The worst possible category to choose for your book is the broadest, such as “Fiction: General” for a mainstream novel. The more specific you can be about your book’s category, the more likely it will find its target audience. To some extent, this is about understanding your book’s genre or subgenre and how the industry (as well as readers) talks about books similar to yours. Every category or genre has certain expectations surrounding it—for example, romances should have a happy ending—so the category you choose should be a good fit to avoid disappointing readers.

Here’s an example of a well-categorized thriller novel that takes place in India, with a female protagonist fighting a terrorist plot (we’re using Amazon’s categories in this instance, which can slightly differ from BISAC categories):

Literature & Fiction > Action & Adventure > Women’s Adventure

Literature & Fiction > Action & Adventure > Travel

Thrillers & Suspense > Spies & Politics > Terrorism

To become more familiar with the potential categories for your book, research competing or comparable titles on Amazon; for each, scroll to the bottom of the page and look for the categories the title is listed under. This should help you determine the categories appropriate for your book. Using Goodreads or LibraryThing can also be useful, since categories play a strong role in discoverability.

Note: On Amazon specifically, if the category you want to apply to your book isn’t available in the list of options when you upload your book for sale, then you can contact customer service and request that it be applied.


In addition to categories, nearly all retailers and distributors allow you to designate a range of keywords that describe your work on a more granular level than a category. A keyword should be a word or phrase associated with the characters, themes, or ideas in your book. But here’s the tricky part: You want to use keywords based on the words that people actually use to search online. Often the language you would use is not the language that your reader might use.

A keyword doesn’t have to be just one word. For example, if you were writing a novel set in eighteenth-century England, then “eighteenth-century England” would become a keyword associated with your work.

Before you publish your work, brainstorm a list of words and phrases that might be associated with it. You might ask editors, friends, and family who’ve read the manuscript to suggest keywords as well, or how they would go about searching for a book like the one you’ve written. There are also paid tools that help expedite this research and give you an idea of which keywords are most searched for and/or profitable. Publisher Rocket is one of the leading tools in this area; another is KDSPY.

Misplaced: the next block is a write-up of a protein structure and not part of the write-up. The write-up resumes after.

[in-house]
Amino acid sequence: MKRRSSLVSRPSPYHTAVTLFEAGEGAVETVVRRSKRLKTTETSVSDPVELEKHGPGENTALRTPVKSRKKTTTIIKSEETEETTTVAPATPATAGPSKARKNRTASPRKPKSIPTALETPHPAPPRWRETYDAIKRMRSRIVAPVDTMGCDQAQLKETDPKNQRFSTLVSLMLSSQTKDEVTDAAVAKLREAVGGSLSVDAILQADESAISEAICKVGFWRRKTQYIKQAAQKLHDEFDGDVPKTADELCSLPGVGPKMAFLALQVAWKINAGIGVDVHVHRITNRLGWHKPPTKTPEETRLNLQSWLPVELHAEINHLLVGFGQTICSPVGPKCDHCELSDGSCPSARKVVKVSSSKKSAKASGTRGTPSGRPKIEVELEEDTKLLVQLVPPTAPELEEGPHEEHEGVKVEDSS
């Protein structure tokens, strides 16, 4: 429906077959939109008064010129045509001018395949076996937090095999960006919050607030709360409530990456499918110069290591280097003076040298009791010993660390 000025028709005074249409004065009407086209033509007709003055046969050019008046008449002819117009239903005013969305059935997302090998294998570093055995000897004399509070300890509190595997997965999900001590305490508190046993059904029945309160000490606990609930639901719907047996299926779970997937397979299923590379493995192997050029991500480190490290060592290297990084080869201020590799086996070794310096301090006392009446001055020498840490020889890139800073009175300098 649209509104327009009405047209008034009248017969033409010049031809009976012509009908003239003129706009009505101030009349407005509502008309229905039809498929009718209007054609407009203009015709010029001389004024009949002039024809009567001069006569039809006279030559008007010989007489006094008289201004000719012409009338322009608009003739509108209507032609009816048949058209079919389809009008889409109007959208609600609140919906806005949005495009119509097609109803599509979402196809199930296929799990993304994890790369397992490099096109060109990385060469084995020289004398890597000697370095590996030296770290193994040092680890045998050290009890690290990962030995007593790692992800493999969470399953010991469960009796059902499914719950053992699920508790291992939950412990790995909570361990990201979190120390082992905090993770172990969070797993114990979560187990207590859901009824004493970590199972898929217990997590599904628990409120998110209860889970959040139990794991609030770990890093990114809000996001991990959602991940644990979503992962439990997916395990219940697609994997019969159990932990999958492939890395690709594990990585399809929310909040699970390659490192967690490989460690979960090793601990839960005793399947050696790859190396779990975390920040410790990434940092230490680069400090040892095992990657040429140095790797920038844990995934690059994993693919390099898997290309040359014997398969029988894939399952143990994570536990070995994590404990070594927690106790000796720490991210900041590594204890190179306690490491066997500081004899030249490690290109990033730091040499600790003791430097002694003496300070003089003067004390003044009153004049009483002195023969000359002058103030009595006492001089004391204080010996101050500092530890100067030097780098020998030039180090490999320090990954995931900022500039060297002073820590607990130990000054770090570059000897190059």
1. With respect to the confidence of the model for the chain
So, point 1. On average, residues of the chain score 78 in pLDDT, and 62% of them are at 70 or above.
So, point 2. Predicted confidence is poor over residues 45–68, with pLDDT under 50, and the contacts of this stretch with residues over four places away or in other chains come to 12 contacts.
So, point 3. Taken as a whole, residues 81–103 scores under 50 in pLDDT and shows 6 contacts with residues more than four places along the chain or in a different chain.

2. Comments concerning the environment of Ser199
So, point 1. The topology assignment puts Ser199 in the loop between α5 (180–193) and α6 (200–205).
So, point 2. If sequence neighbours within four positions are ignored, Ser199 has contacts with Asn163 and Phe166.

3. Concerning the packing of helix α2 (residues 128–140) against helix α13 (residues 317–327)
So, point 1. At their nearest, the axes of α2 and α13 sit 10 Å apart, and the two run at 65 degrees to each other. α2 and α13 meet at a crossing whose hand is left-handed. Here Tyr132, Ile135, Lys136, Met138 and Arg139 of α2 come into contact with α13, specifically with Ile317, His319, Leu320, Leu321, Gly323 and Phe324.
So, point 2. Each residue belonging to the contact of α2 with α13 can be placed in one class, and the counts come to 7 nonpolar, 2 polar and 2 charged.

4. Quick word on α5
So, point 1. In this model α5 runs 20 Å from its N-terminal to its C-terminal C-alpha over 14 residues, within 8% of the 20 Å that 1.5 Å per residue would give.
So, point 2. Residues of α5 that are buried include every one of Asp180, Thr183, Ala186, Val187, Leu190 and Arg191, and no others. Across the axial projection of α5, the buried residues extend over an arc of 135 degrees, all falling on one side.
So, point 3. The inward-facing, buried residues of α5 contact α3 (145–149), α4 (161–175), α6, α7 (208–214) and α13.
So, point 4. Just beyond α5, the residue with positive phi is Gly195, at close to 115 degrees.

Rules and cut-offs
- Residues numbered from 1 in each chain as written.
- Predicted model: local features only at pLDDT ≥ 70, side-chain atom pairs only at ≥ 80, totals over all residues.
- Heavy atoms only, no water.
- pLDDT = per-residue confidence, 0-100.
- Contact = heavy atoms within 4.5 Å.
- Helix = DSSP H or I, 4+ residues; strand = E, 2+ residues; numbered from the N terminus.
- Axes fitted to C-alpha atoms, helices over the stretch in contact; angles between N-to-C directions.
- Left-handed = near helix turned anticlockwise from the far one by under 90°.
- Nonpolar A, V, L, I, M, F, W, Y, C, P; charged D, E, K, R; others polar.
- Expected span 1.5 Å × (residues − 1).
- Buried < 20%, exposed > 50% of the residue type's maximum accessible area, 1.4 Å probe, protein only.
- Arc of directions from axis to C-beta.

Be sure to test out your keywords by searching Google and Amazon for them. This works as a verification of the kind of language that people use when searching. Pay special attention to the auto-complete features of Amazon and Google; they will attempt to guess what you’re searching for. This can provide really helpful clues as to how people conduct searches in your category. Also, when using Google, check at the very bottom of the search results page for similar terms that people have used to search for the topic.

In almost all cases, more specificity is good, and vague or generalized terms are bad. For example, “family relationships” could pertain to many different types of stories, but “father-daughter relationships” is much more specific and better for the search.

Amazon keywords

Amazon allows you to specify up to seven keywords. Whenever possible, you should also use the keywords in your book description that customers read. However, do make sure your marketing copy is reader-friendly and not just a list of data points. Your goal is to have the keywords used in your description and those behind the scenes in your keywords metadata box match.

It’s also helpful to pay attention to the “themes” that Amazon applies to certain types of works and allows readers to search by. For example, when readers are browsing mystery novels on Amazon, they can browse by type of character (amateur sleuth, British detective, female protagonist) and by moods and themes (action-packed, horror, humorous, noir). According to Amazon, “themes” were implemented for fiction books because, well, consumers were searching for these things! Take advantage of this knowledge when you add keywords to your metadata and write your book descriptions.